29 December 2009

Books: How I Became A Famous Novelist by Steve Hely (2009)

Pete Tarslaw has had it rough, or so he thinks. Stuck in a dead-end job writing college essay’s for spoiled rich kids so they can get into those prestigious colleges, he is surprised one day to get a mass email from an ex-girlfriend who is getting married. Soon after this surprise, Pete’s employer folds, laying him off. Depressed even more, he then sees an interview with popular best selling author Preston Brooks, who writes books that everyone seems to like (his current one is called Kindness to Birds, described in a faux New York Times Book Review as a story about “a downsized factory worker named Gabriel touches the lives of several people wounded by life.”)

After seeing this, Pete decides he can write a novel, that he can have the fame and respect of people like Brooks, can have the same financial freedom to do anything he chooses (boating, skeet shooting). That he can have a mansion by the ocean (or a scenic lake), but mostly, just to humiliate his ex-girlfriend at her wedding.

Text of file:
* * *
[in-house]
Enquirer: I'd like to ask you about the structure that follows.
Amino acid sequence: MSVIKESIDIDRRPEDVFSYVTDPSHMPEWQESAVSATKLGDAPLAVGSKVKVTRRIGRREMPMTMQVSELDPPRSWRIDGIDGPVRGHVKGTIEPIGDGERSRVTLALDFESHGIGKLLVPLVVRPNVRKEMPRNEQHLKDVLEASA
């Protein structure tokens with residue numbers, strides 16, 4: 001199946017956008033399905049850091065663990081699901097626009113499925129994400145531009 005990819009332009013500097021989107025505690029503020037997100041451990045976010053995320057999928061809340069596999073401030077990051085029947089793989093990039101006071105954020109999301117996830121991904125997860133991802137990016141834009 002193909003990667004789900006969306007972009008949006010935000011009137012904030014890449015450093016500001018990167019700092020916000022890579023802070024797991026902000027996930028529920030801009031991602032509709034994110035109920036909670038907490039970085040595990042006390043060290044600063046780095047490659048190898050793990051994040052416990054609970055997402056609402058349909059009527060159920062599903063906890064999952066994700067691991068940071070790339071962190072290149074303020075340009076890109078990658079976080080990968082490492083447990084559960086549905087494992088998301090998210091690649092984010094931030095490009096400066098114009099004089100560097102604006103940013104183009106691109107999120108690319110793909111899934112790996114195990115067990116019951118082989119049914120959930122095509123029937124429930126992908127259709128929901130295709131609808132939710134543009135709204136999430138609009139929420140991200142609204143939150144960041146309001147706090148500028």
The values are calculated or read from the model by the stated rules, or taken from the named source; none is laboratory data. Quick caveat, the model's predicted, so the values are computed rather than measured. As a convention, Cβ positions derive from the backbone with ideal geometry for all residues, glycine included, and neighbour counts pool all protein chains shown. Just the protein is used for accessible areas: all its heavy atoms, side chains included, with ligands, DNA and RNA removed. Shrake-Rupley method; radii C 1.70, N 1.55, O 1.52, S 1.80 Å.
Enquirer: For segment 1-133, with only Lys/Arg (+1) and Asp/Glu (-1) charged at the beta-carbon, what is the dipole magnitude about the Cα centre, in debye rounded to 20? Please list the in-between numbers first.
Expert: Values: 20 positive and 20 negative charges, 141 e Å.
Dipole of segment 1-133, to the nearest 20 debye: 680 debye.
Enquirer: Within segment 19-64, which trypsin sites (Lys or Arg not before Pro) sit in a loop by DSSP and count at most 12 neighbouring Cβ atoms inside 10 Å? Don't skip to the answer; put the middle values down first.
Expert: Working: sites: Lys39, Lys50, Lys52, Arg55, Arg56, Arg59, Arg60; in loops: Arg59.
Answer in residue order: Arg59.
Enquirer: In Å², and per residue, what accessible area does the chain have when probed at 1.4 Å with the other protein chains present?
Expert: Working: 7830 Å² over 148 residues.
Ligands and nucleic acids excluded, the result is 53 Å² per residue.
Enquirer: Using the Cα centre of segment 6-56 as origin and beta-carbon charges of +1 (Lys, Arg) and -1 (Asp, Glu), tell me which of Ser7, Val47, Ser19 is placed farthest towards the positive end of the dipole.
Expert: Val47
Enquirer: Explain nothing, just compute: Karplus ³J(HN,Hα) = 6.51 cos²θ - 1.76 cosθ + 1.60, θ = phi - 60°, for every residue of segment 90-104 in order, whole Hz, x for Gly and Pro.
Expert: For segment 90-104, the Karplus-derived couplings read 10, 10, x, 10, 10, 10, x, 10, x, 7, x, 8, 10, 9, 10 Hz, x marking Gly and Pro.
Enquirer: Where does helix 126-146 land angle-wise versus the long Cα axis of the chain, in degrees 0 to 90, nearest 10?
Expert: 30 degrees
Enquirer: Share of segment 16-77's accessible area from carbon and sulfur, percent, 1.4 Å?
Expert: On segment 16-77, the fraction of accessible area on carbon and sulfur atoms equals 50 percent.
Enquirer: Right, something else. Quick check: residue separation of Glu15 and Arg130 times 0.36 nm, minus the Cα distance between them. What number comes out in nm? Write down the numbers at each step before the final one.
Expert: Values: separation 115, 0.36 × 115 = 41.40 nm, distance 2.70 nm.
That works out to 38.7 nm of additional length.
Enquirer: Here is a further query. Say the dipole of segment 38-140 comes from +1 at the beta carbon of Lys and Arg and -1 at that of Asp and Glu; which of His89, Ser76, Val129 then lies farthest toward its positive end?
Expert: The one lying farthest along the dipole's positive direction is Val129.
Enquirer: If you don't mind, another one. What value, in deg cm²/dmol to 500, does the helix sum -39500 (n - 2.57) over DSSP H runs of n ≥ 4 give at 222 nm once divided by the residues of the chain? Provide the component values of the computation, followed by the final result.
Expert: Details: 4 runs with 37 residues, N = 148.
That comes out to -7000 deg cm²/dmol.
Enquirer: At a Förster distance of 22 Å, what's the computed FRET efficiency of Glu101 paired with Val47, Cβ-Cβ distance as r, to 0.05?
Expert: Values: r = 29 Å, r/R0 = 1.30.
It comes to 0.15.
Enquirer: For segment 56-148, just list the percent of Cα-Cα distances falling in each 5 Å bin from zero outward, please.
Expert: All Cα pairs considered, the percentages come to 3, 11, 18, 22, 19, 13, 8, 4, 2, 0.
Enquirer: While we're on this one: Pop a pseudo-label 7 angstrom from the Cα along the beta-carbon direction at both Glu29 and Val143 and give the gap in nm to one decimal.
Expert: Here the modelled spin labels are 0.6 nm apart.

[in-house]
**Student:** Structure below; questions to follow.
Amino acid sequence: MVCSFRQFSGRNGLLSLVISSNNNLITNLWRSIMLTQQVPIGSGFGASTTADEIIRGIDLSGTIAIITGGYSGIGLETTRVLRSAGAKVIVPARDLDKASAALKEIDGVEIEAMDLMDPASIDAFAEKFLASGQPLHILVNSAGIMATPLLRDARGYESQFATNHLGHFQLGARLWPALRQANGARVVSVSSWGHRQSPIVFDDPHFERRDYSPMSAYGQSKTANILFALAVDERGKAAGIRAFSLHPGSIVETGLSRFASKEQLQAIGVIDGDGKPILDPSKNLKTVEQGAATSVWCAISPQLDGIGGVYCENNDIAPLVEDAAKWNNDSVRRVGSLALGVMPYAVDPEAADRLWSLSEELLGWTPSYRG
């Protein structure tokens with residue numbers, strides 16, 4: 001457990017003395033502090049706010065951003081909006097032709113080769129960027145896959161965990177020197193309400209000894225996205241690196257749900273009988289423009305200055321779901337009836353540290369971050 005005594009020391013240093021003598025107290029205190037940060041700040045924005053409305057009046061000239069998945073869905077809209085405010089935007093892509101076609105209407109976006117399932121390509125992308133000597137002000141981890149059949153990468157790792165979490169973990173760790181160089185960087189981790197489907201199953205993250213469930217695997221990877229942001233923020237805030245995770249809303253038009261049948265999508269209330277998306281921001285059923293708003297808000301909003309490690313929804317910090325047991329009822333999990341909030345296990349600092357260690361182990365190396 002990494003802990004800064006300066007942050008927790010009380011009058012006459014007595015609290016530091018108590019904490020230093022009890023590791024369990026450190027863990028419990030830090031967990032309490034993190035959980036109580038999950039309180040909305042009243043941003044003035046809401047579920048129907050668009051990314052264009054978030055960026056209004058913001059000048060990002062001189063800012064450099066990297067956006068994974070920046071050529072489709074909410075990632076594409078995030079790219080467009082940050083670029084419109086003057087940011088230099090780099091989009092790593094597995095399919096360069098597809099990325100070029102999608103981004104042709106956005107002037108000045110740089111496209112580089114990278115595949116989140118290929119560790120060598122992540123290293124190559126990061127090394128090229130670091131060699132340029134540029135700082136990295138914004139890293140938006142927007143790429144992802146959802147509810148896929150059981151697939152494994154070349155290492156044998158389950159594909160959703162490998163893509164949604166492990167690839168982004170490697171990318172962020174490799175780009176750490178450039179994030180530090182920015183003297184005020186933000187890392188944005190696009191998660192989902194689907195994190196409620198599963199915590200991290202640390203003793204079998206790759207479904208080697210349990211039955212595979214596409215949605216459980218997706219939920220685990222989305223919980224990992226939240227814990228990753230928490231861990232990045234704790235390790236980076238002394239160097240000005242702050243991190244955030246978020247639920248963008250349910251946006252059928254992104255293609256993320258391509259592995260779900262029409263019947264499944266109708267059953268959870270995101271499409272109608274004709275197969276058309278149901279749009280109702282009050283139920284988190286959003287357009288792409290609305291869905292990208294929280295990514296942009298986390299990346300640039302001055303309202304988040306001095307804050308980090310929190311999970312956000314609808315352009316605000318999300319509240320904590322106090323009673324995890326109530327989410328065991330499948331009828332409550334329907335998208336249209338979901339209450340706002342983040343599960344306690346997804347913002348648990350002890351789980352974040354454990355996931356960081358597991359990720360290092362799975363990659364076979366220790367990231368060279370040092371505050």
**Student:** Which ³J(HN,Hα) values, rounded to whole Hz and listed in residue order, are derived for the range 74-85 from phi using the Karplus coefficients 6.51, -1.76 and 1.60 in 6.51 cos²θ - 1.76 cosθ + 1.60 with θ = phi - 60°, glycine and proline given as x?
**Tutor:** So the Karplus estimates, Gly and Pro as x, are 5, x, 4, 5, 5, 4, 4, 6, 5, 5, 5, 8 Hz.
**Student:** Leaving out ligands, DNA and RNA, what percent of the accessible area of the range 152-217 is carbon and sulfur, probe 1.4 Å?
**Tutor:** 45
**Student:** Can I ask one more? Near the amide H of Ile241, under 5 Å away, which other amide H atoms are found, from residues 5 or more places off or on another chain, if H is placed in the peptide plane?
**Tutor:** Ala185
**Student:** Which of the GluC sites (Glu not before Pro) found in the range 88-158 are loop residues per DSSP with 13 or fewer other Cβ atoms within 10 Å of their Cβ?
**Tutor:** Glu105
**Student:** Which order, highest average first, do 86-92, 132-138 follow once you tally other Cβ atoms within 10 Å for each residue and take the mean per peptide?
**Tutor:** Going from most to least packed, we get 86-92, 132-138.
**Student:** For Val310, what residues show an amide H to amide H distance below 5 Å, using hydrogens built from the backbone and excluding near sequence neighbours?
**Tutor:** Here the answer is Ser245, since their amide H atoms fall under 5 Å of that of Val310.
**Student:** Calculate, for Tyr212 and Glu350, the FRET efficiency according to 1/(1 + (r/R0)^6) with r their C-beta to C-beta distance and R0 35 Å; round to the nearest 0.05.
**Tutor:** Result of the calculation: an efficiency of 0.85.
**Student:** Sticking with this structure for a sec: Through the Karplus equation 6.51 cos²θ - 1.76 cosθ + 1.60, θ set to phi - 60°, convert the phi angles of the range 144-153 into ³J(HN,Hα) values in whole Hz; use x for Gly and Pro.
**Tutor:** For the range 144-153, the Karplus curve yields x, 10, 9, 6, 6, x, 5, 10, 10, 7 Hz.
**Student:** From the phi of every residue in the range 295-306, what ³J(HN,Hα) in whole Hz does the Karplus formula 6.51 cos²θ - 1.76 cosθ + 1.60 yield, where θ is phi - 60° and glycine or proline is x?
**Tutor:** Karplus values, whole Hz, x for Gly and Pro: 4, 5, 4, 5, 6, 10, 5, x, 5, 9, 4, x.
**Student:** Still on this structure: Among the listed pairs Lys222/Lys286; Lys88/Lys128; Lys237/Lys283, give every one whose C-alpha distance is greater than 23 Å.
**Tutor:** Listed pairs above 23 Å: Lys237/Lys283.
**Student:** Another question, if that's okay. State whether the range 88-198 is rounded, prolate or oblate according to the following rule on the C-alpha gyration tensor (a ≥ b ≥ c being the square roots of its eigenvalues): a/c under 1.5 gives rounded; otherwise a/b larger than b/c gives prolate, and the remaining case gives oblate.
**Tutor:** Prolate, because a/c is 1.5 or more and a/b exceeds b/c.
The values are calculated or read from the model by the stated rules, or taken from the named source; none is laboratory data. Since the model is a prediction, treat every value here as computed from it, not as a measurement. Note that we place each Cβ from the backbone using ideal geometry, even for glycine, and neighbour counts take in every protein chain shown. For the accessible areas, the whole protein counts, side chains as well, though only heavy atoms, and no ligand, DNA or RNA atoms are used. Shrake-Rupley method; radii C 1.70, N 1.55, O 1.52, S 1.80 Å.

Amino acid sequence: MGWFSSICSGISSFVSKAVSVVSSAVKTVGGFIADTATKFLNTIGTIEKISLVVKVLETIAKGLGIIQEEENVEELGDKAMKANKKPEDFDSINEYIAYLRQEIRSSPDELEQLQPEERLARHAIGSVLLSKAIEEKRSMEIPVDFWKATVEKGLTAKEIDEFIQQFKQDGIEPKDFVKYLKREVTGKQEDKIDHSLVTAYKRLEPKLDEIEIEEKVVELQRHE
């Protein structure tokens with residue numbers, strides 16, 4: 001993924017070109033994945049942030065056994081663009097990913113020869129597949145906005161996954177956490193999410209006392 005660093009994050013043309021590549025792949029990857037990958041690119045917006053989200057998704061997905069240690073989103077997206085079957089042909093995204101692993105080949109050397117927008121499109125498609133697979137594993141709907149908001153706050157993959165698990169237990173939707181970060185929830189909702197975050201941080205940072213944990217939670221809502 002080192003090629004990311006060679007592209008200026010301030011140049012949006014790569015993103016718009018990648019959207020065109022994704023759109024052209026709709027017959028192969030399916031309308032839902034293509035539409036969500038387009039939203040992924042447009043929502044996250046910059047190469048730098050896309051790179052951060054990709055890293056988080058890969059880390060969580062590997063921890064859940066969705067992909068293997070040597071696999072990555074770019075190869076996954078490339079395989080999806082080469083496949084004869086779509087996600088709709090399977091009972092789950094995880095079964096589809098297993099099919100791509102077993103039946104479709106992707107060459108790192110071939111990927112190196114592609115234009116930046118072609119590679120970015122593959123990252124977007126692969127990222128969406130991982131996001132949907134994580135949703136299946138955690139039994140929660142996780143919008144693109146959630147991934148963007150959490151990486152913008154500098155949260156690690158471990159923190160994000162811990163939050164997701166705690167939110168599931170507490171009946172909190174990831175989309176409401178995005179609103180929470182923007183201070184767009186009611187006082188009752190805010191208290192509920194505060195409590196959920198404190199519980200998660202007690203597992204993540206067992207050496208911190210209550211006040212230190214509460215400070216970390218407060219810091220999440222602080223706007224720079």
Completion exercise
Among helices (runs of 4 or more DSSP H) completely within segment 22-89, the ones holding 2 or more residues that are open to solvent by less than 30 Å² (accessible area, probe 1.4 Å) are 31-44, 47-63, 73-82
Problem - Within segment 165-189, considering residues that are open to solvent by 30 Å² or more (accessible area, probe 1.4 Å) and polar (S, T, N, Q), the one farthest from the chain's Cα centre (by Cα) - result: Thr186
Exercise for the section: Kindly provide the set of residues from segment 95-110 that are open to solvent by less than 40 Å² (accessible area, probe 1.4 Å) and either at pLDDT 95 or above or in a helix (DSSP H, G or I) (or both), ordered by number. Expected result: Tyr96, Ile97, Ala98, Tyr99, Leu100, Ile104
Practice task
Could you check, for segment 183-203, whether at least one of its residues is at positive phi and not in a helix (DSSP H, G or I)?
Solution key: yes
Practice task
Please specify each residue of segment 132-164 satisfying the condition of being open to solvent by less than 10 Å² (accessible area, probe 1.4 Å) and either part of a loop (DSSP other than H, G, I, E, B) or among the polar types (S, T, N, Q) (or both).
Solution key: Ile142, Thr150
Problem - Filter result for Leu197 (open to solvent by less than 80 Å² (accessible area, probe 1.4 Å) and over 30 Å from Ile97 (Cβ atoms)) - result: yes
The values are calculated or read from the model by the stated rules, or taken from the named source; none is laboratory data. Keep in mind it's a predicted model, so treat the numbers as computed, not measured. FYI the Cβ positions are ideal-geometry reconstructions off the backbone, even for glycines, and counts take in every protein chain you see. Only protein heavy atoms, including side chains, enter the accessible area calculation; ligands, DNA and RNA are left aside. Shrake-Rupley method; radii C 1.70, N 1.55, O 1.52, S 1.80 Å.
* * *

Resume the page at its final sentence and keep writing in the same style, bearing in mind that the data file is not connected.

From there, author Steve Hely (who wrote for David Letterman and the TV series American Dad) takes us on a wicked satire of the publishing industry and its insatiable desire to find and produce the same winning formula over and over again (James Patterson, anyone? Hello, Nicholas Sparks). I mean, take a stroll through the fiction area of your local Borders if you think Mr. Hely is making any of this stuff up as he sets the rules up for how to write a popular book. Hely also pokes fun at the readers who buy this stuff, but also airs a cautious argument between what is literature and popular fiction.

The book, however, runs out of air towards the end. In the final pages he torpedoes Pete’s cynicism in ways that will disappoint anyone who was enjoying the jaded humor. Still, Mr. Hely deftly clobbers the popular-book business. By taking aim at lucrative “tidy candy-packaged novels you wrapped up and gave as presents,” the kinds of books that go “from store shelves to home shelves to used-book sales unread,” his complaints about such books hit home and are very funny. They’d be even funnier if they weren’t true.

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